By Daniel Reskin
By Hans Morgenstern
By George Martinez
By Pablo Chacon Alvarez
By Ciara LaVelle
By New Times Staff
By Rich Robinson
By Hannah Sentenac
The Othello Project, on-stage at the Florida Shakespeare Theatre in Coral Gables, takes its Deep South setting and part of its title from the Mississippi Project, in which more than 800 college students went down to promote black voter registration in the summer of 1964. Less than two weeks into the project, one student and two civil rights workers were found shot and beaten to death in Mississippi. The murders prompted civil rights legislation and later served as the basis for the 1984 film Mississippi Burning.
The rest of the title, of course, comes from Othello, the Moor of Venice, William Shakespeare's tale of an interracial marriage destroyed by jealousy and deceit. In this update of the nearly 400-year-old drama, director Rod Carley replaces Elizabethan tights with pillbox hats. But the setting and costumes are not what imbue the play with a modern perspective. Altering the Bard's intent, Carley frees the main characters from personal responsibility by blaming their actions on everything from government conspiracies to voodoo.
Presented in a fluid, cinematic style, The Othello Project increases the number of scenes but still manages to bring the two-and-a-half-hour production in at two acts with one intermission. Before the action of Shakespeare's play begins, Carley's added prologue introduces new characters: two male Mississippi Project students -- one black, the other white -- who have been bound and gagged. Nearby is Shakespeare's clown (Steven Henry), once a servant to Othello and now a voodoo practitioner, who hides beneath the Spanish moss that frames the stage and cascades into the weed-filled water at the apron's edge.
Carley's additions don't stop there. Rather than enter alone, Iago (Jeff Miller) bursts onto the stage with Roderigo (Peter Paul De Leo), a car mechanic, and their fellow Ku Klux Klansmen to check on their captives. Iago, it seems, is no longer the lone schemer Shakespeare intended him to be. Here he's a double-agent of sorts: the leader of a motley band of racists and an assistant to Othello, who happens to be an FBI agent. In one of the few changes to the dialogue, Iago fumes that his valor in Dallas and Saigon has been overlooked by Othello, who promoted Cassio to second-in-command instead of him.
To get even he urges Roderigo to call up good ol' boy Senator Brabantio (Dan Brady) and break the news that Othello has just eloped with his lily-white daughter Desdemona. After word gets out, an angry mob, led by the senator, goes hunting for the newlyweds. Iago follows to see what will happen, leaving Roderigo behind to kill the students and dispose of the bodies. When Othello (Anthony Hubert) is finally brought before the court, he wins the senator's favor by explaining how he and Desdemona (Margery Lowe) fell in love during his frequent visits to the senator's house.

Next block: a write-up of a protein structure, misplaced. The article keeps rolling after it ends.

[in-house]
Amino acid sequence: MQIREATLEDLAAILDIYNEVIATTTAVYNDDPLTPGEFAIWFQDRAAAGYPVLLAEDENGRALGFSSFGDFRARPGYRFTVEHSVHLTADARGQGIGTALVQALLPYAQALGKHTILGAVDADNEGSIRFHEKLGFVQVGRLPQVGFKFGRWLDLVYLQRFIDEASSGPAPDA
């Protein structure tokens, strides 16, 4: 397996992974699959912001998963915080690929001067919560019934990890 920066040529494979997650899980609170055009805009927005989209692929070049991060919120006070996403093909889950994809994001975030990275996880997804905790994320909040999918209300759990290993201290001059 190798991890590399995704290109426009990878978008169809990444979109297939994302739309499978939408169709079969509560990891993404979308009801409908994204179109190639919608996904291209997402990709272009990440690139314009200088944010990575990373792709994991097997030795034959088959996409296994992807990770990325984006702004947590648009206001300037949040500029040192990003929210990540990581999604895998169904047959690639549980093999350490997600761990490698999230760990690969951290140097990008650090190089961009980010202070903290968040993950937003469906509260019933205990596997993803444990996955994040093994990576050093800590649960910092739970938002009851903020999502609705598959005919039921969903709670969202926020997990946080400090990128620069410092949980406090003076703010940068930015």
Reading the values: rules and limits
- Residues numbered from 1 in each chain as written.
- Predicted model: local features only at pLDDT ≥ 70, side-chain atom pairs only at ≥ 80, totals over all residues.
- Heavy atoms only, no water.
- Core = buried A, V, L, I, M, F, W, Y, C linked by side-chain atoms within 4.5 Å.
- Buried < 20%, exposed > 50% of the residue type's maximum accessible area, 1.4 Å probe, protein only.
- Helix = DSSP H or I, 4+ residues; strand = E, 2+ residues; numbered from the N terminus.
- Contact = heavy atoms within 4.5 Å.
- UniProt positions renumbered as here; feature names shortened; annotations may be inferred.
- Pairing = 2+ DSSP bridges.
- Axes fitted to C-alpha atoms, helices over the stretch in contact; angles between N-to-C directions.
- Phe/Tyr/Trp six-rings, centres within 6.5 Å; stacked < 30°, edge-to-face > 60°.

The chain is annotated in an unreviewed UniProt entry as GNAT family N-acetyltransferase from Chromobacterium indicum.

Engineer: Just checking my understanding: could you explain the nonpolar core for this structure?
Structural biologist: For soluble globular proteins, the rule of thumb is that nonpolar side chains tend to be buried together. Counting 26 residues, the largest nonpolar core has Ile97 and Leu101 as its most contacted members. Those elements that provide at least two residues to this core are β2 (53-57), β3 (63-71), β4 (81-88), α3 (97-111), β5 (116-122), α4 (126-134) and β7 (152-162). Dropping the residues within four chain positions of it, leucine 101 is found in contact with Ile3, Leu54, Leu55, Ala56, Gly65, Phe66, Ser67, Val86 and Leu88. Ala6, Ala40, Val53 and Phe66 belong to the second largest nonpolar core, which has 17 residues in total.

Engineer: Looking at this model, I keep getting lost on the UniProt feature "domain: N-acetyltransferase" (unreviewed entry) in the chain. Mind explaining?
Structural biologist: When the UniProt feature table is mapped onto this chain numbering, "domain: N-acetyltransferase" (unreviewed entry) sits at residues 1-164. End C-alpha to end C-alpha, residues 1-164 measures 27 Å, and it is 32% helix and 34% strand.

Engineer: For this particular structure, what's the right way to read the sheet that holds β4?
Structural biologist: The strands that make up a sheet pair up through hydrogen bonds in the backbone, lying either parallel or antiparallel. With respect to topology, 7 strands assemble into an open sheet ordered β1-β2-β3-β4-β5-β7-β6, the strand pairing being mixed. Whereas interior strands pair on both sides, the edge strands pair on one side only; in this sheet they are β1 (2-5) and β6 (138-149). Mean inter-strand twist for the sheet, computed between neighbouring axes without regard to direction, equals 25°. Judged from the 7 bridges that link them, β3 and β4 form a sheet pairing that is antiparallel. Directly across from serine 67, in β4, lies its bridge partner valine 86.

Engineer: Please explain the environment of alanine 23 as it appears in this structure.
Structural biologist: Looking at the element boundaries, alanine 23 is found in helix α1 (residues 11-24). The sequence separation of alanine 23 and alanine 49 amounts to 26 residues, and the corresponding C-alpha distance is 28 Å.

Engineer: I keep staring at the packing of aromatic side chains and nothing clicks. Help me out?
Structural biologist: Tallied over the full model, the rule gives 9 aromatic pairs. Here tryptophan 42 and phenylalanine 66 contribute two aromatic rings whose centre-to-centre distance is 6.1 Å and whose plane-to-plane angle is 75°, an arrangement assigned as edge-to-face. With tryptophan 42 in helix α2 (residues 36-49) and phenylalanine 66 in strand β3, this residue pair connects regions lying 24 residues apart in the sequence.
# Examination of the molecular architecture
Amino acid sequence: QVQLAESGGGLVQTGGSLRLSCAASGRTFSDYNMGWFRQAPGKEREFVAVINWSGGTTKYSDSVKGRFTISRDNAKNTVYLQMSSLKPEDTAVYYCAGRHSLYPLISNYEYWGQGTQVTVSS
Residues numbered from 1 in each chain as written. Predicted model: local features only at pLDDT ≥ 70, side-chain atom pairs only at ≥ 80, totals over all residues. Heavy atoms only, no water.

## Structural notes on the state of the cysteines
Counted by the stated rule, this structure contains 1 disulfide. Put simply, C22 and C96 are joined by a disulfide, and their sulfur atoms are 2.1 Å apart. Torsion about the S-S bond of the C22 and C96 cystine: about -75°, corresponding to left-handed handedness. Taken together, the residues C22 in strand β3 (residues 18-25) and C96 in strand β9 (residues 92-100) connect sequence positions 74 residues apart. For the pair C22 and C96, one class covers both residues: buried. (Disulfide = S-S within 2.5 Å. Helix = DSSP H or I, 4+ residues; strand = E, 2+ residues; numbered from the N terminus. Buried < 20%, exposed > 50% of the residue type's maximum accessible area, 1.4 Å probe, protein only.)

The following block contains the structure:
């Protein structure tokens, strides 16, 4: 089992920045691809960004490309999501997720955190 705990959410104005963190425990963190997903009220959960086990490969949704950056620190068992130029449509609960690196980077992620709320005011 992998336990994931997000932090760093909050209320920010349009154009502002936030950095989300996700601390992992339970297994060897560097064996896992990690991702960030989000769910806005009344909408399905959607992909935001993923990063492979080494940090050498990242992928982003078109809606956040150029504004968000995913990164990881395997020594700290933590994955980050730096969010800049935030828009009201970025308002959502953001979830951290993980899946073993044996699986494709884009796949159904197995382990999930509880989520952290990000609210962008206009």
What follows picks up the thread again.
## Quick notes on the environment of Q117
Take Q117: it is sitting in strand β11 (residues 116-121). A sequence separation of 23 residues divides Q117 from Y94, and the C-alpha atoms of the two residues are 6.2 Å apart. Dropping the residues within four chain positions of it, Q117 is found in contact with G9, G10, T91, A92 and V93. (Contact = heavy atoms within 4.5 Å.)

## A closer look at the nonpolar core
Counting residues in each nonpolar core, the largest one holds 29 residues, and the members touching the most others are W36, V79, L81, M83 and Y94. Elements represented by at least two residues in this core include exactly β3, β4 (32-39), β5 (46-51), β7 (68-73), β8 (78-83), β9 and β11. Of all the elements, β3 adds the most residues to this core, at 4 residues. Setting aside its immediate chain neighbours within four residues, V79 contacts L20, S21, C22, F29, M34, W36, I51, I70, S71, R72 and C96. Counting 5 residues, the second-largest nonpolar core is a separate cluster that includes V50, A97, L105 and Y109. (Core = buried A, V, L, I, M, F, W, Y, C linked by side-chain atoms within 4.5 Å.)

If this sounds like a stretch, it is. As originally written, Othello, a Moor, is accepted by the Venetian government because of his worth as a military leader who protected and helped expand the government's holdings. With this update, Othello is welcomed by a government that needs a token black FBI agent to handle the public relations crisis caused by the students' murders.
Before the investigation begins, the senator suggests to Othello that, because Desdemona willfully defied society and fooled her own father, she may one day deceive her husband. Iago nourishes that seed of doubt after joining Othello and Cassio in the nearby town where the students' bodies have been discovered.
Also on hand are Desdemona, Iago's wife Emilia (Pamela Roza), and Bianca (Zuleyma H. Guevara), Cassio's black lover. Lurking in the background is Roderigo, Desdemona's ex-boyfriend, who is willing to pay Iago to break up Othello's marriage. Anxious to see Cassio fired, Iago plots to convince Othello that his fellow agent is having an affair with Desdemona.
These plot points, as well as Desdemona's murder and Othello's subsequent suicide, concur with Shakespeare's original script. Along the way, though, Carley redefines Iago's scheme by calling into question his actions against Cassio. First, it's suggested that some of Cassio's problems may be due to a voodoo doll created by Bianca's jilted lover. Later, as Bianca lies in bed with Cassio, she reads a letter revealing his part in a government conspiracy to depose Othello. The conspiracy, we learn, has ties to Iago's Klan activities. A twist like this might work on The X-Files, but Cassio's duplicity undercuts Shakespeare's primary reason for Iago's treachery and the depth of his machinations.
Cassio isn't the only character eviscerated by Carley's version of the script. Because the torch-wielding Roderigo is performed by De Leo as a savage redneck bumpkin, he no longer has to be corrupted and tricked into murder by Iago's treachery. And Iago, rivaled only by Richard III as the number one Shakespearean villain, has been reduced to a misfit more suited to blowing up government buildings than to subtly driving someone mad. Once an outsider who personified the evils of ambition and revenge, he's now part of a Klan brotherhood seeking a new world order. Spewing histrionic racial venom, Miller captures Iago's fetid soul but never his cold brilliance.